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Being straight with potential web design clients.

Greetings from inside the SEOigloo!
My father is an honest man. In point of fact, people have often accused him of being too honest. Some years ago when he was trying to sell my parents’ house which, to tell the truth, had a lot of things wrong with it, my mother and I listened to him talk prospective buyers practically right out of buying because his conscience wouldn’t allow him not to explain everything that was amiss with the old house. Thank goodness the fast-paced realtor in charge of the sale never heard him do this! Of course, all potential problems have to be disclosed to buyers on paper, but my father couldn’t help warning people himself and was unwilling to put his own important need to sell the house ahead of his more important need to tell it like it was. I have discovered I have picked up this trait from my father, and it may have something to do with the fact that we’re not exactly striking it rich around here. It may also have something to do with the fact that people feel they can trust us.
Some time ago, I was approached by a potential web design client who really needed some setting straight in regards to their expectations of running a web business. They seemed like a nice woman, and had seen in our portfolio that we had worked in the past with other companies in similar industries. They had a good supply source for what they wanted to sell on the web and the opportunity for them to break into this industry was possible, as far as my research showed.
But, there was a real problem. The woman did not have photos of her products, and was not willing to take any. She was also unwilling to write descriptions of her products. I was really perplexed to receive subsequent communications from her that stated this would be too much work. Despite the fact that she was coming to us as a result of looking at the great businesses in our portfolio, she wasn’t willing to expend the effort to do what our clients do – get photos of their products and write, at the very least, thorough text descriptions of these item.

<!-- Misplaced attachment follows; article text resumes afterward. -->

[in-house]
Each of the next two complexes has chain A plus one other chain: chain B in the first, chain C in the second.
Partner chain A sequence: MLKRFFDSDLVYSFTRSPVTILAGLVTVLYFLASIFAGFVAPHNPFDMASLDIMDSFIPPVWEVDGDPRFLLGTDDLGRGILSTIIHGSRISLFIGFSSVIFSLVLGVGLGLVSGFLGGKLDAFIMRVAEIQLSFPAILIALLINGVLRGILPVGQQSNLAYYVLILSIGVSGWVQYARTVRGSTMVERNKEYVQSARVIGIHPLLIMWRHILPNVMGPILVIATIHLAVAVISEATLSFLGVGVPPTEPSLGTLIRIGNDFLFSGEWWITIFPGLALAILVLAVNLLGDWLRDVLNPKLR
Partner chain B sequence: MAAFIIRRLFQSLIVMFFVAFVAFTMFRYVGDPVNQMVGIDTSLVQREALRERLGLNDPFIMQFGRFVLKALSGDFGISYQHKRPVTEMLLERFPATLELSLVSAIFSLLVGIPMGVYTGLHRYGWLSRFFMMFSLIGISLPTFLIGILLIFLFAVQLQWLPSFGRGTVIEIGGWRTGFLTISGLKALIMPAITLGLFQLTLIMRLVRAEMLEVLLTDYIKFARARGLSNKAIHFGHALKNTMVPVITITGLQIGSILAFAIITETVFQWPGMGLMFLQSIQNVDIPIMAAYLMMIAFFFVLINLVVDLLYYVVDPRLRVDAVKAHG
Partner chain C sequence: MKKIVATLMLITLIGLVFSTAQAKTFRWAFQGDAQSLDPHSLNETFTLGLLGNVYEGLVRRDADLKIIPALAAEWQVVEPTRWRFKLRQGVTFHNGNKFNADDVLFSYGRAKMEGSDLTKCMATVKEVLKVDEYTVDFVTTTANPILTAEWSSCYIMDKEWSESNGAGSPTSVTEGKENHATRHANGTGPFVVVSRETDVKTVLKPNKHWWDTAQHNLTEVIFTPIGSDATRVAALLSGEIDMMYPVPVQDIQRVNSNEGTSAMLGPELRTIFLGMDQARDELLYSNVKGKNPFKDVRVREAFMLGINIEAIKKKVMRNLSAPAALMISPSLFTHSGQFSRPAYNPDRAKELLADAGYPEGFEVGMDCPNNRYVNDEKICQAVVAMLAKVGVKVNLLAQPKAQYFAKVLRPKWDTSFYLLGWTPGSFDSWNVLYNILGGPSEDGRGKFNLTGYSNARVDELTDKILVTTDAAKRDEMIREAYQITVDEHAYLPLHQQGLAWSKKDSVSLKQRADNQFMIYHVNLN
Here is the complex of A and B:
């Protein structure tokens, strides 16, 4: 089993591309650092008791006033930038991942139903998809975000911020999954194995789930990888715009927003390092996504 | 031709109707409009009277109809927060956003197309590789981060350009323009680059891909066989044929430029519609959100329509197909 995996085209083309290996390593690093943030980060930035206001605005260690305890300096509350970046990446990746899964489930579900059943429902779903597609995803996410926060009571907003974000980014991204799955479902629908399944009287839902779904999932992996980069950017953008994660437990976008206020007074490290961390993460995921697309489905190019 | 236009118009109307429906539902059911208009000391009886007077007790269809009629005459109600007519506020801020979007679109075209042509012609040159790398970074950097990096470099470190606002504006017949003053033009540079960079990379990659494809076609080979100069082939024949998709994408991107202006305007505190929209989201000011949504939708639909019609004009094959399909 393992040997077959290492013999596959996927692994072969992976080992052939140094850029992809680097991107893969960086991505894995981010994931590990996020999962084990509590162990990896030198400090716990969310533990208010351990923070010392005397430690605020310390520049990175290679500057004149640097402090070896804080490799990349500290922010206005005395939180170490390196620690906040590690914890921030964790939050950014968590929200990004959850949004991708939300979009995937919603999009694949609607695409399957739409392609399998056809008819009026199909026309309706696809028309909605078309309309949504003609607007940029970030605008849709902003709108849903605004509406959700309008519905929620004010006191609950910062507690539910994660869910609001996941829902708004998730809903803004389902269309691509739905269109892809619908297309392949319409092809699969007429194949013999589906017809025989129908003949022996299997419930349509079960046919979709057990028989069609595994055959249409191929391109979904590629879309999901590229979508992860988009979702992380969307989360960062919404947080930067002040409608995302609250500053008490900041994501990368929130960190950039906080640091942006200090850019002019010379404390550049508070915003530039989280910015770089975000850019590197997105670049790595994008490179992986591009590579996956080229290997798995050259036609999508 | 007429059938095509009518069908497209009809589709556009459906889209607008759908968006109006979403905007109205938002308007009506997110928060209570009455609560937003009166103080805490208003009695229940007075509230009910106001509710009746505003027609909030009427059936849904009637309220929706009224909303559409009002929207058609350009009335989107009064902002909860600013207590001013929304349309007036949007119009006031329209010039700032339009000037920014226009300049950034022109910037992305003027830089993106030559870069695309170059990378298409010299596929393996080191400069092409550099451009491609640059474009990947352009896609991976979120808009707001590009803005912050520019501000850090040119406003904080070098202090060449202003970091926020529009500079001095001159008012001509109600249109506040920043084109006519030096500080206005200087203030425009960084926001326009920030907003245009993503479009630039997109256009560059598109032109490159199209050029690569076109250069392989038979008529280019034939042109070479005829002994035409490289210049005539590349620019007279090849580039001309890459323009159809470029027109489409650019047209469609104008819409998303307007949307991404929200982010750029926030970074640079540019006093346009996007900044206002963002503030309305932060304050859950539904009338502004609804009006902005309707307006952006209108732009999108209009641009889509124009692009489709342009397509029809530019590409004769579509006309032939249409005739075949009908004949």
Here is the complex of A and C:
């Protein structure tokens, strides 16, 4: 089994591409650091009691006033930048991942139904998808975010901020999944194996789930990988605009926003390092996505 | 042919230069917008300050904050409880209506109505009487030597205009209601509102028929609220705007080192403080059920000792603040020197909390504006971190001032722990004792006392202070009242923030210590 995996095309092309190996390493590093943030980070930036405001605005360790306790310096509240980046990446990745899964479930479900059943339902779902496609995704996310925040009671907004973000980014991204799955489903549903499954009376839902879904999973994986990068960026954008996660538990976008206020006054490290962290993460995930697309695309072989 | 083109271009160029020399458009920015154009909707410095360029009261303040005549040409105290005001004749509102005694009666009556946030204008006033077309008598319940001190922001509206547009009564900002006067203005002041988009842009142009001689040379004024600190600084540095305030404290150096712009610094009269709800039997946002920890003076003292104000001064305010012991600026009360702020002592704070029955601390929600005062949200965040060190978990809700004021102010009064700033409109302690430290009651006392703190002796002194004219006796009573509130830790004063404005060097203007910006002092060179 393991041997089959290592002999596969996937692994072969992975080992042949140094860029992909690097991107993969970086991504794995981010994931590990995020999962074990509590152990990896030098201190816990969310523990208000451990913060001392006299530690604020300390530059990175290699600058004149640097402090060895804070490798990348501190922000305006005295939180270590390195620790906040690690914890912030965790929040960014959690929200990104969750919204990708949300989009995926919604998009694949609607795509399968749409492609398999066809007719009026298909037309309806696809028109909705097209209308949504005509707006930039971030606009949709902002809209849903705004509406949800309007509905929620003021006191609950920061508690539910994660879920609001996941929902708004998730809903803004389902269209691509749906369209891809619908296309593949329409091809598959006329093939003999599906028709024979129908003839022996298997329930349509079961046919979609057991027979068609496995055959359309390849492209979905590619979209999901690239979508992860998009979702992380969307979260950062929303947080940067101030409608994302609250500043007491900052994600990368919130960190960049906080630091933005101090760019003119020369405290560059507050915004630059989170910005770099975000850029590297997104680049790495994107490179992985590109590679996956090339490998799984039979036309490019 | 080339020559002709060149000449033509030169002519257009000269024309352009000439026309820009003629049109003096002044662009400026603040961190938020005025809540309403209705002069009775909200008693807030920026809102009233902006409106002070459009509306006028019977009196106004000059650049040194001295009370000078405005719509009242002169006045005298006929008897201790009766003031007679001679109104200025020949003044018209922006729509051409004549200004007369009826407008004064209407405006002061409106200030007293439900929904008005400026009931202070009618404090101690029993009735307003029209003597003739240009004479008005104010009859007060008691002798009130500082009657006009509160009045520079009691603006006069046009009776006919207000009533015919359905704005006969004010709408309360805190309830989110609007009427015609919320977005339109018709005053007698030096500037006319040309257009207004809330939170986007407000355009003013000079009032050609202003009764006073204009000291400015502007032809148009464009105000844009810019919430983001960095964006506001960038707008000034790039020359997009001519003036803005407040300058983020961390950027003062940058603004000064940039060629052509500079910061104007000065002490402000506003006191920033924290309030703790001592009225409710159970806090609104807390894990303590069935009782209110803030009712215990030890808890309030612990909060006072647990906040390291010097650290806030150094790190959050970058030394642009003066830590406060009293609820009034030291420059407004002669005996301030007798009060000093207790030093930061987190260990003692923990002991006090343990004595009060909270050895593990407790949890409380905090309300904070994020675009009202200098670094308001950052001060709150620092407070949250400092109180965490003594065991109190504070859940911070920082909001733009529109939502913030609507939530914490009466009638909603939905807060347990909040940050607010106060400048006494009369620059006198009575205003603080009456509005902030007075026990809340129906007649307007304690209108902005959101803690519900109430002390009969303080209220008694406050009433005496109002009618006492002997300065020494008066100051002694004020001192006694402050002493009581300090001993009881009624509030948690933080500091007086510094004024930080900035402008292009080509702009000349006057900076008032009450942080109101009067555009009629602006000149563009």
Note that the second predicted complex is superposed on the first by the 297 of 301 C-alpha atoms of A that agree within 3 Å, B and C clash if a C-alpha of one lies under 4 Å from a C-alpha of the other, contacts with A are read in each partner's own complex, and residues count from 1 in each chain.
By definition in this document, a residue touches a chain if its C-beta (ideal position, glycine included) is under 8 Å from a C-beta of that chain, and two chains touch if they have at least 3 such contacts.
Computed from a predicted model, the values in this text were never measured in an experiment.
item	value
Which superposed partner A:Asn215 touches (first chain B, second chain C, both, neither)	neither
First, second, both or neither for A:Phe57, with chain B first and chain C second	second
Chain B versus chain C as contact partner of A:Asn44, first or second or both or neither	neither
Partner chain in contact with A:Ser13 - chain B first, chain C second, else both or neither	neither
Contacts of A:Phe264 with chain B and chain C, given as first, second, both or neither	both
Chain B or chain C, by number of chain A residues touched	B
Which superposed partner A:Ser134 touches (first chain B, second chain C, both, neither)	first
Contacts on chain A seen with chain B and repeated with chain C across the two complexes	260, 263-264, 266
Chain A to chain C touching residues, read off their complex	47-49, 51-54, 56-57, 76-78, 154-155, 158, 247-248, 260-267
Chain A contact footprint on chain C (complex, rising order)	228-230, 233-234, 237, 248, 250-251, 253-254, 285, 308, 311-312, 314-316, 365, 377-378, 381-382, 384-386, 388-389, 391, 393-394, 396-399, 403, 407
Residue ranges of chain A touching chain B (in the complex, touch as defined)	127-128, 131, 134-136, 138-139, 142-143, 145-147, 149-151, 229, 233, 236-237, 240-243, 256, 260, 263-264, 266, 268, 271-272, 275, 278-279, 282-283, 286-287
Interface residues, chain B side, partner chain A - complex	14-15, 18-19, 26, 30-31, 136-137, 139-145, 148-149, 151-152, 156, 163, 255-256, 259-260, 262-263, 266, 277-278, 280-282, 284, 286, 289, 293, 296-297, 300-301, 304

Wanting to be of real help to this lady, I spent the time explaining to her that people would be unwilling to buy things that they couldn’t read about or see a picture of. The more time I spent trying to advise her, the more certain I became that this consultation was not going to result in a contract being drawn up between us. She said she thought she could just put up a list of products, and hopefully people would figure out how to find her site, would scroll through it to find what they wanted and then would buy from her. Again, I was very straight with her in my reply that you couldn’t expect e-commerce customers to do all of that work on a web page where they couldn’t even see what they were buying. I told her her only hope of competing was to look at what her competitors in this industry were doing and not only match them in their efforts to win customers, but also try to go one better than the competition in hopes of getting sales.
I was very sorry to receive her reply to my detailed explanation of what would be required from her in order to compete – she said I had discouraged her. I must admit, I threw up my hands at this point. If education = discouragement, I’m in the wrong business.